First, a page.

While I understand  it is difficult to forgive someone who has taken your loved one away by a reckless act, I sincerely believe that we never find peace in this life if we bring to our grave the bitterness of unforgiveness. 

Somehow, unforgiveness taints everything in our life. On a spiritual level, our prayer life is compromised. On a personal level, we feel hypocritical and inauthentic. On a relational level, the bitterness staggers our efforts to reach out in compassion to others. 

In fact, the word "forgive" is made up of two-parts: "for" and "give". The act of forgiving is an act of selfless giving. We give the gift of forgiveness to the offender by giving away our hurt, anger and ego. When we forgive, we give up the right to hold on to the wrong done to us. We let go of the right to inflict guilt on the offender. We release him from the guilt and pain. Alas, for some, such release is perceived as too cheap for the offender. 

Some of us do not want to forgive because to do so is to lose the tacit power over another. Some of us finds it strangely empowering to hold a wrong or a grievance in ransom. We somehow secretly relish the "superior-ness"  that comes with withholding forgiveness as we see it as an act of psychologically imprisoning our offender in a mental cage of guilt and isolation. 

Given a chance to free ourselves from bitterness, we choose instead to perpetuate the role of a victim rather than the liberator of two consciences: both ourselves and the offender. Here I am reminded of what Indra Gandhi once said, "You cannot shake hands with a clenched fist." 

But little did we know that over the years, this self-serving attitude, or as i call it "clenched-fist heart", only goes to punish us even more. As we hold on to the pain, we also hold on to the bitterness. And a life of bitterness is a joyless one.

I once had a conversation with one of my colleagues. She is a mother of two. And she has a creative way to impart the lesson of charity to her children. The relevance of this story will come at the end, so bear with me.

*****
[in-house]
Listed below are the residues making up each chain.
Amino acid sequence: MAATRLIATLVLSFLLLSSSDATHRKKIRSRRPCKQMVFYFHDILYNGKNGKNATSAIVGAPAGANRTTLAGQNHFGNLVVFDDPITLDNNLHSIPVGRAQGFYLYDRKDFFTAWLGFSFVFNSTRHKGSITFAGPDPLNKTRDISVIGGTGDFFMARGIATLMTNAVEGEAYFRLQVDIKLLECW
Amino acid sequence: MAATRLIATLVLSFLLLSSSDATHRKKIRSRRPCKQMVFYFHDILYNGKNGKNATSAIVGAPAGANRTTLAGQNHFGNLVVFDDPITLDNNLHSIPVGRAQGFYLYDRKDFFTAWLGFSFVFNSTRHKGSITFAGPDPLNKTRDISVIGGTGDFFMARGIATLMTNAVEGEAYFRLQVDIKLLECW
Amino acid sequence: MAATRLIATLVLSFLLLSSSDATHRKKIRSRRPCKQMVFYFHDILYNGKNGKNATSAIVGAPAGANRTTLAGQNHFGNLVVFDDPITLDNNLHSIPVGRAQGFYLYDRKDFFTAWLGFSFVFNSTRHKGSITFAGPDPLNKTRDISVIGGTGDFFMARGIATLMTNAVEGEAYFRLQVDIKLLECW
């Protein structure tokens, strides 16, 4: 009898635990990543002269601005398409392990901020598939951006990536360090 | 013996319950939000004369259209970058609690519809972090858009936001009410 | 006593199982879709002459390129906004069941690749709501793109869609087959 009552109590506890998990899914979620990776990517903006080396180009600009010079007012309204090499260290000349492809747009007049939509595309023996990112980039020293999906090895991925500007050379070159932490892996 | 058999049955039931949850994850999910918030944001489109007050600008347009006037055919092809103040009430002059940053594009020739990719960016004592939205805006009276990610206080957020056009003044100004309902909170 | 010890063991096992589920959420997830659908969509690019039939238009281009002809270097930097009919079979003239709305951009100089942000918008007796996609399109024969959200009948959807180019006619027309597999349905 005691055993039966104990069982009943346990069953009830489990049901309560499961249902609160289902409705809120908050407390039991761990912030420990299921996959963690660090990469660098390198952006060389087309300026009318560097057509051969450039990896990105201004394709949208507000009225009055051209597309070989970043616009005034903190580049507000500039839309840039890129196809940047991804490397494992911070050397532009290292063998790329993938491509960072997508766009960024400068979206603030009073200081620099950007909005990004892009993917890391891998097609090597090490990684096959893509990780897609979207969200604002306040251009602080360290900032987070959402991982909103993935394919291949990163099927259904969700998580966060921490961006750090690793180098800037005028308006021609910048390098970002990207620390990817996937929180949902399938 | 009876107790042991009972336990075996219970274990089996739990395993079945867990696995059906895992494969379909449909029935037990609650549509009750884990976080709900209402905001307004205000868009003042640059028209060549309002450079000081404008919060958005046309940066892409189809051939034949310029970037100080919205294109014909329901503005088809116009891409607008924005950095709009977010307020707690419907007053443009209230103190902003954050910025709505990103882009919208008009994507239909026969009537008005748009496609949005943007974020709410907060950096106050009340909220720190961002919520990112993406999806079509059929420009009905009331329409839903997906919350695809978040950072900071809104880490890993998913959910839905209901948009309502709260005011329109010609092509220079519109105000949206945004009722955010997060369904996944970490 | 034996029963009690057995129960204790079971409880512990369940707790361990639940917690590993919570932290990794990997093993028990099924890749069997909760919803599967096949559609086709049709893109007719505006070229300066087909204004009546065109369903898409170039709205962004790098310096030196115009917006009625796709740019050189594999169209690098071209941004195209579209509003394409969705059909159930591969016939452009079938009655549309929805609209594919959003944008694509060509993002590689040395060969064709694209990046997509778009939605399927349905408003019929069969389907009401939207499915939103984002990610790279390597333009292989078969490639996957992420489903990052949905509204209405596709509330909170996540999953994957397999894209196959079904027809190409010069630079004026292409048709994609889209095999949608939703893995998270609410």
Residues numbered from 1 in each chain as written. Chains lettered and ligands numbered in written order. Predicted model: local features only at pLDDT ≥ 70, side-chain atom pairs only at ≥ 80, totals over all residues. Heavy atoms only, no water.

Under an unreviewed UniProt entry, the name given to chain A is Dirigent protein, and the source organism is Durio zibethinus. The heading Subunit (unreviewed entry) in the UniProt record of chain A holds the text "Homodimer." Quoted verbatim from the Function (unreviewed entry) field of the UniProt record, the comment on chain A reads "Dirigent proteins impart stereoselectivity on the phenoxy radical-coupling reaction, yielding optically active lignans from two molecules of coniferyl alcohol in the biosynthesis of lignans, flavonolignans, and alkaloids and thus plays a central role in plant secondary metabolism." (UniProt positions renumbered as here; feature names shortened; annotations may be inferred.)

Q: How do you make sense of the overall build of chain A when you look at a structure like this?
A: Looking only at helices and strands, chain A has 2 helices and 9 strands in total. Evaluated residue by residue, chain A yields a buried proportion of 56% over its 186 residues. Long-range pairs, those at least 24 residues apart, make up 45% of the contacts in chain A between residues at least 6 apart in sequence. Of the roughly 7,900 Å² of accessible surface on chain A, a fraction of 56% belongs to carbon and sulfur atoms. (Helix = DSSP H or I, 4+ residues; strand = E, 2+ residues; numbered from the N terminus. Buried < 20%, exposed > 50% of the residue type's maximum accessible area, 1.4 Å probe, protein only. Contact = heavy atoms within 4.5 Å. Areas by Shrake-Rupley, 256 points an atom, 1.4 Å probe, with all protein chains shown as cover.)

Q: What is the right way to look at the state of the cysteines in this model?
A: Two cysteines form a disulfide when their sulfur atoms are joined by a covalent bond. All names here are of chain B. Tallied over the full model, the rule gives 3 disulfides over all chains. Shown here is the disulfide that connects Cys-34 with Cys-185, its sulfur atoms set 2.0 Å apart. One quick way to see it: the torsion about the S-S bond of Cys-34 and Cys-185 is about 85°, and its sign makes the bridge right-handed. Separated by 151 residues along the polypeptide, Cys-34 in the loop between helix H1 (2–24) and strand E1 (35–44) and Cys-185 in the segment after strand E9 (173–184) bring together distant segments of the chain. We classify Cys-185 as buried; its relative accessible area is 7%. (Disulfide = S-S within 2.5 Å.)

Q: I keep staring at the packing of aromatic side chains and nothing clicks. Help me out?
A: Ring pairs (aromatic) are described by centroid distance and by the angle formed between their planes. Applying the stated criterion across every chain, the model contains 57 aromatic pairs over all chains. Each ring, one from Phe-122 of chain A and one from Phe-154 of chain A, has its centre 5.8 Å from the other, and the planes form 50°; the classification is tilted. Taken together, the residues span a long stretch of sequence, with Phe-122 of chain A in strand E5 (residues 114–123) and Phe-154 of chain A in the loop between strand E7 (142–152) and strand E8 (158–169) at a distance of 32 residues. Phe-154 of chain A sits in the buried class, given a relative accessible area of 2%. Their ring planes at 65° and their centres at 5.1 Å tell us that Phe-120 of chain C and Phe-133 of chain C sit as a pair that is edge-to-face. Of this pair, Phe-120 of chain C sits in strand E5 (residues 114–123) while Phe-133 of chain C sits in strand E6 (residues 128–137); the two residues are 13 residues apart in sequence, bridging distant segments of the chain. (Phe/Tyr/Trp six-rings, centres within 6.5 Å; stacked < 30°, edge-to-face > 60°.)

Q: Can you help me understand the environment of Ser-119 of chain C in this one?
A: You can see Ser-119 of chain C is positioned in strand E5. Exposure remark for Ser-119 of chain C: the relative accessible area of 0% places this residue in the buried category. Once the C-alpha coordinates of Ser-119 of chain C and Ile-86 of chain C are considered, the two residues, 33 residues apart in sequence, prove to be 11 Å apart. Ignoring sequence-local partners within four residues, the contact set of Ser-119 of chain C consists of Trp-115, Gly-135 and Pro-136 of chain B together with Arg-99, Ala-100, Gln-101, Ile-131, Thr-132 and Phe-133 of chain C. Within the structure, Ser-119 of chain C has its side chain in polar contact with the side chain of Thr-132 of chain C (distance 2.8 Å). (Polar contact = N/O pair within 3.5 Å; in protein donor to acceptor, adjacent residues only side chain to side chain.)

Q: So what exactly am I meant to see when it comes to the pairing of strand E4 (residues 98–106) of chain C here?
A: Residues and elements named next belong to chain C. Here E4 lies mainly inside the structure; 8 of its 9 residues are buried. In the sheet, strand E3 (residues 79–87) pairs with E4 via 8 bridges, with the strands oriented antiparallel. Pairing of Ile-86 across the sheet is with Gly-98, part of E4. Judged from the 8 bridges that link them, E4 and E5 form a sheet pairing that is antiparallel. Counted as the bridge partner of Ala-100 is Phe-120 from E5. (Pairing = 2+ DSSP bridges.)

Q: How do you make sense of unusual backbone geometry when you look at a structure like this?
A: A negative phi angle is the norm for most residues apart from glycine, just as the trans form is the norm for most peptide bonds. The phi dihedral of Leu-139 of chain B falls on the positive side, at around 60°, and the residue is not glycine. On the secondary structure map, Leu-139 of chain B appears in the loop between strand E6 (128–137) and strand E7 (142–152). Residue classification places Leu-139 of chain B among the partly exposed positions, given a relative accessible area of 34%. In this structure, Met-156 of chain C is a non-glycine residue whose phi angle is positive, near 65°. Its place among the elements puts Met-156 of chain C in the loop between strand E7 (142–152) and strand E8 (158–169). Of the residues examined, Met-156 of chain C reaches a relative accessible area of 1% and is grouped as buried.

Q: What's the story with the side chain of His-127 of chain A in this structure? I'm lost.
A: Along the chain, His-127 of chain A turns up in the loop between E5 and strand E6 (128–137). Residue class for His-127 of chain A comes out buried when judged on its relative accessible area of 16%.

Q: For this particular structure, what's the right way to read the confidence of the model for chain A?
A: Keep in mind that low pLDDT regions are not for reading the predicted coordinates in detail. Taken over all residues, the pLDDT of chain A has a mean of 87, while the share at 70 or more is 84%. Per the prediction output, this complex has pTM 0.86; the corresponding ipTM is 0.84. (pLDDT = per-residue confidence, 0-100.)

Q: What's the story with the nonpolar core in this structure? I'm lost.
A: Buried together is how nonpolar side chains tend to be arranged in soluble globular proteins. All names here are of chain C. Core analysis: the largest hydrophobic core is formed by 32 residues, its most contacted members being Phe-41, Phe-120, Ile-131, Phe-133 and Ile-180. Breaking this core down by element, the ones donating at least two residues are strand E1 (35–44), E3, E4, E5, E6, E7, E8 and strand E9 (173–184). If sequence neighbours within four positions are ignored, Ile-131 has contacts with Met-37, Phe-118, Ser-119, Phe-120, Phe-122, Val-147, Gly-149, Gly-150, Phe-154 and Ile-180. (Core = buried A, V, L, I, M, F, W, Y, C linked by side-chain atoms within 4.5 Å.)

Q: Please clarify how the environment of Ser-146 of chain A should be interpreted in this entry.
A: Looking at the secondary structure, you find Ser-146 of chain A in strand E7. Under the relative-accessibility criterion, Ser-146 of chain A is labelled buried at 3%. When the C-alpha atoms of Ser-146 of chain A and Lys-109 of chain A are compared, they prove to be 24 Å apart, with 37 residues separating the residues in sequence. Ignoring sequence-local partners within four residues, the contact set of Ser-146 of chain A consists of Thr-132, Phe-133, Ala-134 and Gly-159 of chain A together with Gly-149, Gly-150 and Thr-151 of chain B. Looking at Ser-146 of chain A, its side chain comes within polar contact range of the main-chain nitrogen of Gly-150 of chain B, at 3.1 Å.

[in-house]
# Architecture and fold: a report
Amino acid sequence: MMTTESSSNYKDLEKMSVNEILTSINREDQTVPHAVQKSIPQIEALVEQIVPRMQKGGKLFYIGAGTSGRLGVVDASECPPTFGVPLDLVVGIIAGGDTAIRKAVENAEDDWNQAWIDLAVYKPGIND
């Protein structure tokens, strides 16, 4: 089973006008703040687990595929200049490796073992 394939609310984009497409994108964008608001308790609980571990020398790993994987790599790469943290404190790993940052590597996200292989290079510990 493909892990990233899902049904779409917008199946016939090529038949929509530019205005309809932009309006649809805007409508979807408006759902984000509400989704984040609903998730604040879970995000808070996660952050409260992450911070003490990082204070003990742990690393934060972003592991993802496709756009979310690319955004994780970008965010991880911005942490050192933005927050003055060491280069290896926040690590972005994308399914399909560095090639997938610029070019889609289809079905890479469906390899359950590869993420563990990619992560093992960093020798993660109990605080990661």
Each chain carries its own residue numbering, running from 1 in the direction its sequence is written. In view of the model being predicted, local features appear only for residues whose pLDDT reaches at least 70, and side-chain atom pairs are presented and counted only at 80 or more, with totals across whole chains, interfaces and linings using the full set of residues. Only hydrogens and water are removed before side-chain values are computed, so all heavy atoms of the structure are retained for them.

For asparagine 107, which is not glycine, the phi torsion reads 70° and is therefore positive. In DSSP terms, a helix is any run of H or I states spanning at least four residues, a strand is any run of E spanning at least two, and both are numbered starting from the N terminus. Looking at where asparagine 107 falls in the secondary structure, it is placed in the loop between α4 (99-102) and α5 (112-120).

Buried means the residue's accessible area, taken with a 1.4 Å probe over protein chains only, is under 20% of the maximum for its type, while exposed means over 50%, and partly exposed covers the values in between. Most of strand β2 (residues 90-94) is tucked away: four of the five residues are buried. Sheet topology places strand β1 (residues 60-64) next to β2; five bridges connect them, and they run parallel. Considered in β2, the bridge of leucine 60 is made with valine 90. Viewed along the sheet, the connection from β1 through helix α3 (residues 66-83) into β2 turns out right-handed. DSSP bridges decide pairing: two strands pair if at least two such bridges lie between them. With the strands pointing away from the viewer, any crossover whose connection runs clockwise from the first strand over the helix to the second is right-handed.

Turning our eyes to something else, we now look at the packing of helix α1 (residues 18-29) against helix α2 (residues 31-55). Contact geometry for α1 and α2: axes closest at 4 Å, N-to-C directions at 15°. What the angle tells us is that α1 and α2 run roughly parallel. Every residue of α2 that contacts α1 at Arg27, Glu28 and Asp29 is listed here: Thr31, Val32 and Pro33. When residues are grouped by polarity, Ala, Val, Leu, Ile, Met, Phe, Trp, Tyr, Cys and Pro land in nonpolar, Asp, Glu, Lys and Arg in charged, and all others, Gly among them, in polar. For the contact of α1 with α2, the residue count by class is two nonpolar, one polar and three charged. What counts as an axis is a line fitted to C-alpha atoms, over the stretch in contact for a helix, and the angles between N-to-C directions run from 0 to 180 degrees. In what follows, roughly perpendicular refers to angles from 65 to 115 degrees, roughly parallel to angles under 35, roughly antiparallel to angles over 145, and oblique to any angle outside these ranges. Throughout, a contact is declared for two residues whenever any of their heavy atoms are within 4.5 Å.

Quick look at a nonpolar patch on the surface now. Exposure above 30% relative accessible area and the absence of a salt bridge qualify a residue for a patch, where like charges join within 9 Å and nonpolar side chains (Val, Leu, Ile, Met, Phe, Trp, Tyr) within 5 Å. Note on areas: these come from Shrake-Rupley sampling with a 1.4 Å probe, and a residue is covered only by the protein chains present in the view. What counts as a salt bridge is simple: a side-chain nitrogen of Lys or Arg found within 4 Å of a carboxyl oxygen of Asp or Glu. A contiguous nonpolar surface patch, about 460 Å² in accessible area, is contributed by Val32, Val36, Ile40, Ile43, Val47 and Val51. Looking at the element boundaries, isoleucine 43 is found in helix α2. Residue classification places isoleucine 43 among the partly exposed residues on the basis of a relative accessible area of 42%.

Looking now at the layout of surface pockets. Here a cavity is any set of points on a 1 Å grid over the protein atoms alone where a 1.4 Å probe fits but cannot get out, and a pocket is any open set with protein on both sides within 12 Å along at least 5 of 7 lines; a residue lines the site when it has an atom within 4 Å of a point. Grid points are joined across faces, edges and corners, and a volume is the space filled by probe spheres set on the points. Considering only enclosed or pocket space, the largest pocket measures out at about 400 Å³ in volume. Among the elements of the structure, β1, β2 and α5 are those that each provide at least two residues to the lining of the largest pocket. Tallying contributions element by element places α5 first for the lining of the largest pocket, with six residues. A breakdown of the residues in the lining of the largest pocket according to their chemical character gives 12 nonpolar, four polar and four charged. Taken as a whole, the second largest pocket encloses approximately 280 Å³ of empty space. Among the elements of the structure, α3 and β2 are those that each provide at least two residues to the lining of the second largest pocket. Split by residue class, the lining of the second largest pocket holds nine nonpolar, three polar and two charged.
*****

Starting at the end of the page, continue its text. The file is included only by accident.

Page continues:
Like every loving parent, my friend buys Christmas presents for her kids. But there is a budget, usually it is fifty dollars. The other catch is that for whatever the child buys, he must buy another identical gift. So, he will have two gifts in the end.  

With two of the same toys, my friend would arrange for a trip down to an orphanage. As you'd have guessed it, my friend expects her children to give away the gift he had just purchased to an orphan. I think this is a good way to teach your child the value of sharing.

Now comes a similar story told by Jacob Needleman in a book entitled Beyond Forgiveness. This is how he recounted it, "A few years ago, I was teaching a class at a business school in Mexico. During one class, we were talking about what it means to be a good man, and a student, thirty five, who had a little boy of five, told the class this story. "You know," he began, "I was decorating the Christmas tree with my son in the living room when there was a knock at the front door. We went to answer it, and there was a beggar boy. 

In Mexico, beggars are perfectly acceptable, not like in American. The boy was about the same age as my son, and so my son and I went back to the living room and I said to him, "Give him one of your toys." My son picked up one of his old, beat up toys. "No," I said. "Give him your favorite toy." My little boy balked. 

"No," I said, and I was gentle but firm. "Give him your favorite toy." Finally, my son picked up a toy he just gotten for Christmas, and while I waited in the living room, he went down to the front door. A few seconds later, he came running back, radiant, shouting, "Daddy, can I do that again?"

What's the message here? It's the joy of selflessness. The little boy felt it more than he understood it, but that's ok. The boy was happy to give till it hurts because the joy that lights up the orphan's face is contagious.